"Survive": Each episode of this very adult and harrowing tale is engrossing and perfectly paced. Sophie Turner stars as a young woman with suicidal tendencies who survives a plane crash and fights to stay alive in a snowy wasteland alongside another passenger played by Corey Hawkins. It looks and feels like prestige Hollywood fare, and Turner is superb as a woman haunted by her own illness.
"#FreeRayShawn": This engrossing crime drama centers on a fast food worker who we meet zooming through the back streets of New Orleans with what seems like every city officer on his tail. He's been set up by police on a drug deal and takes refuge inside his apartment building with his girlfriend and child. Each episode is tense and raw, with references to Black Lives Matter and a nod to the power of social media. It stars Stephan James as Rayshawn and an understated Laurence Fishburne as a sympathetic beat cop. The show is like a bag of chips: You can't stop after just a few episodes.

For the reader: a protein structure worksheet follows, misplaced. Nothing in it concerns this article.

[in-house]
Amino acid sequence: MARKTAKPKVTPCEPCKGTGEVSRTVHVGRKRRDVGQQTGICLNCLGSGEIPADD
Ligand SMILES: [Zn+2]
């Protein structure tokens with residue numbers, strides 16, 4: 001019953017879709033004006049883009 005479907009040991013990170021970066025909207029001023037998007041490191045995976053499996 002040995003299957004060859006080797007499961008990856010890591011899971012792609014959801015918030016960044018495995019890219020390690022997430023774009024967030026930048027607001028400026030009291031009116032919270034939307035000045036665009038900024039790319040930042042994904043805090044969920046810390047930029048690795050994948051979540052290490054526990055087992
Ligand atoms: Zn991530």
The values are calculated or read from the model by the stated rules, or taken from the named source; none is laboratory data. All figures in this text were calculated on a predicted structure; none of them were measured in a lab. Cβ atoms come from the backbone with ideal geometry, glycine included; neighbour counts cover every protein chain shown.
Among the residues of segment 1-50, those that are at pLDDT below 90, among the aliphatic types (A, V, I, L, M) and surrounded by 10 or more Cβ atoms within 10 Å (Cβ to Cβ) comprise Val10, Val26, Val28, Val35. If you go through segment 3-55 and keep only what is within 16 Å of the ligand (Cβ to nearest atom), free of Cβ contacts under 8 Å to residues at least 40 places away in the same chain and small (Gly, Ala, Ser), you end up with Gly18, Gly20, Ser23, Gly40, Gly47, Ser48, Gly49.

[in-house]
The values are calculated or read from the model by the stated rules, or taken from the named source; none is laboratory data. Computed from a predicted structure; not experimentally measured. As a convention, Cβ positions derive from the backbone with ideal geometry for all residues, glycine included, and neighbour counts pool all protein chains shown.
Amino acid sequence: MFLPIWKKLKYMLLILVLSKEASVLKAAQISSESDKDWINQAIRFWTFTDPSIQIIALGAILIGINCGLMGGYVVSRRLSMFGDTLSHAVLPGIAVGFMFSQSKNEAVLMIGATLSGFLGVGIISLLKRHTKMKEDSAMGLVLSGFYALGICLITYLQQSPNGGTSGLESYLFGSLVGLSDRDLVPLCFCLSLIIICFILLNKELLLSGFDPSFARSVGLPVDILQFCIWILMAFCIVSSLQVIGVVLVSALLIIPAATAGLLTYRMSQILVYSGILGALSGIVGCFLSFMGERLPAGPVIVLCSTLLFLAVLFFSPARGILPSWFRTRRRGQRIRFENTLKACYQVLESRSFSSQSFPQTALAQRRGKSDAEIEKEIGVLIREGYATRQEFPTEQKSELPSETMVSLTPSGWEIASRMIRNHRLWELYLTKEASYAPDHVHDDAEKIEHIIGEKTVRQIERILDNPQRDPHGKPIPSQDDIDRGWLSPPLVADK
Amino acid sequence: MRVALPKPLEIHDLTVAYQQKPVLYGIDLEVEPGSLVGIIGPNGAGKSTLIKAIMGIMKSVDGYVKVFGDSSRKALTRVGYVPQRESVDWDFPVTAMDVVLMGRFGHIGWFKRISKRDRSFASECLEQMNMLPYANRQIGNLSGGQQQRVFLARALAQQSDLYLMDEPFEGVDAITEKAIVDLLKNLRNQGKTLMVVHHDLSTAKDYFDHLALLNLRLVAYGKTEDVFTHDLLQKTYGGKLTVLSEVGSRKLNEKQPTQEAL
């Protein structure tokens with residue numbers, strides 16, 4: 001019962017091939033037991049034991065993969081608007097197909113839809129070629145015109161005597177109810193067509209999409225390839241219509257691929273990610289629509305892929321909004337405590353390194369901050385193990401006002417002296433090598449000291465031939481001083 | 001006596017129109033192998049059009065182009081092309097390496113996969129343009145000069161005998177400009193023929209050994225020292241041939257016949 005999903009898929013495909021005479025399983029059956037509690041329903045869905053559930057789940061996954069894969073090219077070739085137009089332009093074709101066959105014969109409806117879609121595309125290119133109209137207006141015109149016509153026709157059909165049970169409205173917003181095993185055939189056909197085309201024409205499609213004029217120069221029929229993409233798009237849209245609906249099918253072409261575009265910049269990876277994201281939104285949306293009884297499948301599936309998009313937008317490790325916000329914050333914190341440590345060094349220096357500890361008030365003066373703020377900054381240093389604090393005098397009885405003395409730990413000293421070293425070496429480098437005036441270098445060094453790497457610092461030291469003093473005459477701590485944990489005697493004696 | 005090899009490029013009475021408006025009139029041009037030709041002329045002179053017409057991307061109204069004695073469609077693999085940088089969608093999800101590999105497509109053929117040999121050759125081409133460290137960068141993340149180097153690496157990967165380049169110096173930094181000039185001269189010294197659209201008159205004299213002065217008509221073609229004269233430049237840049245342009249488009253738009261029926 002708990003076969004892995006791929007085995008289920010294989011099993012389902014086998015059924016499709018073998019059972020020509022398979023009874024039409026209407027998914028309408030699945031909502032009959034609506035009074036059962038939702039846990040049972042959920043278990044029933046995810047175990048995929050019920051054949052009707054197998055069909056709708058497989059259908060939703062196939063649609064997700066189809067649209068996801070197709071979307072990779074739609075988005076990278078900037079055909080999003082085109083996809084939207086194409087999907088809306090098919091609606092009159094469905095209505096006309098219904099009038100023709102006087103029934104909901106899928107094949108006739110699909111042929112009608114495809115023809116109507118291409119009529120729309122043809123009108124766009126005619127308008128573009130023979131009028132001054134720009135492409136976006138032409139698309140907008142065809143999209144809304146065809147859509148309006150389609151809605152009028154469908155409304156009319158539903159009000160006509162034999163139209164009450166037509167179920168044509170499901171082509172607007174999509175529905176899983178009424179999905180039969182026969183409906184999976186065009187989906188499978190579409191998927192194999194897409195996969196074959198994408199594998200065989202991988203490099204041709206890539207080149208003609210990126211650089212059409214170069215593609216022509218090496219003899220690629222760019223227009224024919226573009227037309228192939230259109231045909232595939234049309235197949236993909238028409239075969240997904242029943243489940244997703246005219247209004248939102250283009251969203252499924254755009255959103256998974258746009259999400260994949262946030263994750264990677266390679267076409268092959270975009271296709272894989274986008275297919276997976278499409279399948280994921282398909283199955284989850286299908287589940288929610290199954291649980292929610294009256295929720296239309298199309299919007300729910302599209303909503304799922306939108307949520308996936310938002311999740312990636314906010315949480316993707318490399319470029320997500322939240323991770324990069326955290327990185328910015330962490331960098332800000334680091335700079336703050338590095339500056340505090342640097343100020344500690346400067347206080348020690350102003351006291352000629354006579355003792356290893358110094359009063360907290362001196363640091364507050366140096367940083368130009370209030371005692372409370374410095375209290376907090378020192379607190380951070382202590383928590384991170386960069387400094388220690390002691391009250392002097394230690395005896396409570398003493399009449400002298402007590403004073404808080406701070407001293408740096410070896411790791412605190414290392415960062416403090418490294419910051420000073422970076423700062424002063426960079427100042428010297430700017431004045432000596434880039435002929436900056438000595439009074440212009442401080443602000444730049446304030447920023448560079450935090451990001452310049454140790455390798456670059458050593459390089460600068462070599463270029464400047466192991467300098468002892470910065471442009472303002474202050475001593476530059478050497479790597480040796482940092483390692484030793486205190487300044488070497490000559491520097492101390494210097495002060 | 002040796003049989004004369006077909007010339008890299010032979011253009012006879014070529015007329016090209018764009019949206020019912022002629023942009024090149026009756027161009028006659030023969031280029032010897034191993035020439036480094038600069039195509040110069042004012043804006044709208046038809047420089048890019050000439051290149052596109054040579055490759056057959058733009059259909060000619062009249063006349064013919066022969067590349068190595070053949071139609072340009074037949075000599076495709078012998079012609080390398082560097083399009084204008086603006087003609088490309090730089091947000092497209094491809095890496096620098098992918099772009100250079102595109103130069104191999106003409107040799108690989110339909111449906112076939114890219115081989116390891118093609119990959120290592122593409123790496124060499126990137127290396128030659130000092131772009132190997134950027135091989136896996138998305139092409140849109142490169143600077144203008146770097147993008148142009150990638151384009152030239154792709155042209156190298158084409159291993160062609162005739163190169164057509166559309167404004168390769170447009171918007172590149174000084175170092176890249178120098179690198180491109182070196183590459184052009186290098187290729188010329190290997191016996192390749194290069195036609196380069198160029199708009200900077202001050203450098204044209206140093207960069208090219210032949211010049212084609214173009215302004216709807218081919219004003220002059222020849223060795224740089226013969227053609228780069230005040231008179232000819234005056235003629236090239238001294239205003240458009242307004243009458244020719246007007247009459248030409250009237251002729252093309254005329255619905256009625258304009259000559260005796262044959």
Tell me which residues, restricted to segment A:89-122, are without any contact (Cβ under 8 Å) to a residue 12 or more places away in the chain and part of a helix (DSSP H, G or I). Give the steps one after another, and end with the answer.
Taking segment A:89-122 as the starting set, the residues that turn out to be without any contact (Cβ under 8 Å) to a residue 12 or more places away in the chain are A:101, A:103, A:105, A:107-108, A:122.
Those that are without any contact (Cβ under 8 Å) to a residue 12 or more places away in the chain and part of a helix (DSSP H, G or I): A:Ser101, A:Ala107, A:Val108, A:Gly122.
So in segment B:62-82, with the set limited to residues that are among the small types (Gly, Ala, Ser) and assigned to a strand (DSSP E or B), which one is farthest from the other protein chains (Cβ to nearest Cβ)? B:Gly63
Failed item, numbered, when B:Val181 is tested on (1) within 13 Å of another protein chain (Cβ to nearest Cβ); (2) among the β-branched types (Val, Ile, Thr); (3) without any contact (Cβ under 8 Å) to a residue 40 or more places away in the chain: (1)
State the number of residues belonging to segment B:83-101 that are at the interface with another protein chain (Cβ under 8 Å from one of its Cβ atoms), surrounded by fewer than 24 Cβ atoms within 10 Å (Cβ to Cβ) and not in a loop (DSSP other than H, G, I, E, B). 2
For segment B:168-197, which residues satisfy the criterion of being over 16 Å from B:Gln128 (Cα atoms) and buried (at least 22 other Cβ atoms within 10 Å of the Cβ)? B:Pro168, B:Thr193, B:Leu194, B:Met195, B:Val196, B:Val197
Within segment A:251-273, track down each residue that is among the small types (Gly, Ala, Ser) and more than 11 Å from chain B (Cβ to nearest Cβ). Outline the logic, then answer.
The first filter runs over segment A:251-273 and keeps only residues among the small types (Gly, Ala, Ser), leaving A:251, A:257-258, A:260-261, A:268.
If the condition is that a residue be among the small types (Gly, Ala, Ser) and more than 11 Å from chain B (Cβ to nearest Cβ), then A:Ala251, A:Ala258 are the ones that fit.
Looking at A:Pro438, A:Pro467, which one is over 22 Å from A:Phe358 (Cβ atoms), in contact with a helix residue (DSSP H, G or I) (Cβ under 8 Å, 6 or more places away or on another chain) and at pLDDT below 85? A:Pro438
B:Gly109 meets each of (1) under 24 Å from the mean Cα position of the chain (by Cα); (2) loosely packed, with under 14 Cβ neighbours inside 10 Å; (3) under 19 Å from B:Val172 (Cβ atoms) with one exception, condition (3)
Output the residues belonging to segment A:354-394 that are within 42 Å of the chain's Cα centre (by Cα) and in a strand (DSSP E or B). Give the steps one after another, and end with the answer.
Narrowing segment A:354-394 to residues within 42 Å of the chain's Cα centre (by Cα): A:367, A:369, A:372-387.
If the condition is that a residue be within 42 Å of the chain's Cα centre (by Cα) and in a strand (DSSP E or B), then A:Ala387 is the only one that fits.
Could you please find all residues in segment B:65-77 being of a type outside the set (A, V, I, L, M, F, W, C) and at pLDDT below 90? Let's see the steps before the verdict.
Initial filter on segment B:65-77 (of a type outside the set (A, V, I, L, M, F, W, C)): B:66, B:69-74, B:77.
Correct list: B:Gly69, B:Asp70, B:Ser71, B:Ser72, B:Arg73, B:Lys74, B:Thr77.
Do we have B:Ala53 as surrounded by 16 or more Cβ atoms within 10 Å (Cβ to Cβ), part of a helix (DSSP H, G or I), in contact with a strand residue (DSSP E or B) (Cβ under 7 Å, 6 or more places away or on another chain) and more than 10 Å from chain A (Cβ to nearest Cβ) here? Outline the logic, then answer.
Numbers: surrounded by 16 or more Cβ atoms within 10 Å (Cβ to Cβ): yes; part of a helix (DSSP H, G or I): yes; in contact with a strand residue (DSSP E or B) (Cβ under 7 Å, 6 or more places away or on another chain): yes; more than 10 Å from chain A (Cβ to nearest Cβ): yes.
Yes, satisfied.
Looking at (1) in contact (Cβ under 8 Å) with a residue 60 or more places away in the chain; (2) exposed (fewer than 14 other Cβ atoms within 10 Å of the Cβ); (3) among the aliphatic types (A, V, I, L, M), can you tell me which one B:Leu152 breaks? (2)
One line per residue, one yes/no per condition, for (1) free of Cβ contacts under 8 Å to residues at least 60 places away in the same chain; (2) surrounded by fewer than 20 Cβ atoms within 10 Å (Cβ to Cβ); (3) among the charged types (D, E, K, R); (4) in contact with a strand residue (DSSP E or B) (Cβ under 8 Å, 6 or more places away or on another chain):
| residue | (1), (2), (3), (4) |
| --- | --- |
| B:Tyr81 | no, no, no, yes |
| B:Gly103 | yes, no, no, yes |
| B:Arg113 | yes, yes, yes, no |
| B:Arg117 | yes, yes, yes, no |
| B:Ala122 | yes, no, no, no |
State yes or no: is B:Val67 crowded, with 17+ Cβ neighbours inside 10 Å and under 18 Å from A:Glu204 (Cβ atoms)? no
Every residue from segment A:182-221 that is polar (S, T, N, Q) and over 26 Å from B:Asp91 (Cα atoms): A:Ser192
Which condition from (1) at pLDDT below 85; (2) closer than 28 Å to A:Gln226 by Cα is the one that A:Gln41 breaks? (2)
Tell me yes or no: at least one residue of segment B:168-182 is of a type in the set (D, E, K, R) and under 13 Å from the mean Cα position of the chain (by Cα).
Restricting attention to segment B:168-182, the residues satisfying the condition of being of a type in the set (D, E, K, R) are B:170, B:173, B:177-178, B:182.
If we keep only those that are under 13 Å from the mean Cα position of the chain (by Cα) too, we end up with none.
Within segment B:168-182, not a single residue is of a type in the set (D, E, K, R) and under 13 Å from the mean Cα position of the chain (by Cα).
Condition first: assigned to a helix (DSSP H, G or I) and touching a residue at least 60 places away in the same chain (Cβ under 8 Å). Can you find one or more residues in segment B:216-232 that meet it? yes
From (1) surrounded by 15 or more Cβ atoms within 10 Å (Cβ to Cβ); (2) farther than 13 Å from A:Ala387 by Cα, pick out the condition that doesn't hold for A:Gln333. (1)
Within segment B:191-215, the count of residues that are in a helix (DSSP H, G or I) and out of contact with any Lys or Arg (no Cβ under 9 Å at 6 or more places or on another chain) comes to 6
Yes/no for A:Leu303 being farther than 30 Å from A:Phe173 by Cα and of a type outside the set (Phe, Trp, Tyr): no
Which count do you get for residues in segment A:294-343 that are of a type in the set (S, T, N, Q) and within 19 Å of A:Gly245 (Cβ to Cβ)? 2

"Punk'd": Seeing the rich and famous get pranked is always fun and it gets next level in a revival of "Punk'd." Old host Ashton Kutcher has been replaced by Chance the Rapper, whose easy charm and good-natured humor is a key reason this series works. Some of the elaborate set-ups include Megan Thee Stallion frightened by a gorilla, performer Sabrina Carpenter finding her home infested by rats, and internet phenom Liza Koshy destroying a bat mitzvah. Other targets include Lil Nas X, Ty Dolla $ign, Adam Devine, Migos and French Montana.
"Chrissy's Court": Chrissy Teigen as a judge? Why not? The model wears a robe and waves a gavel in a series of small claim cases — one features two boyfriends fighting over one of them buying the wrong silly sweater for someone — that don't have any of the testiness of "The People's Court." Things are so relaxed that Teigen's mother acts as the bailiff. Teigen is funny and patient and actually a pretty good judge. And, yes, hubby John Legend does show up sometimes. "Can I have one thing to myself ever?" she asks him.
MURDER HOUSE FLIP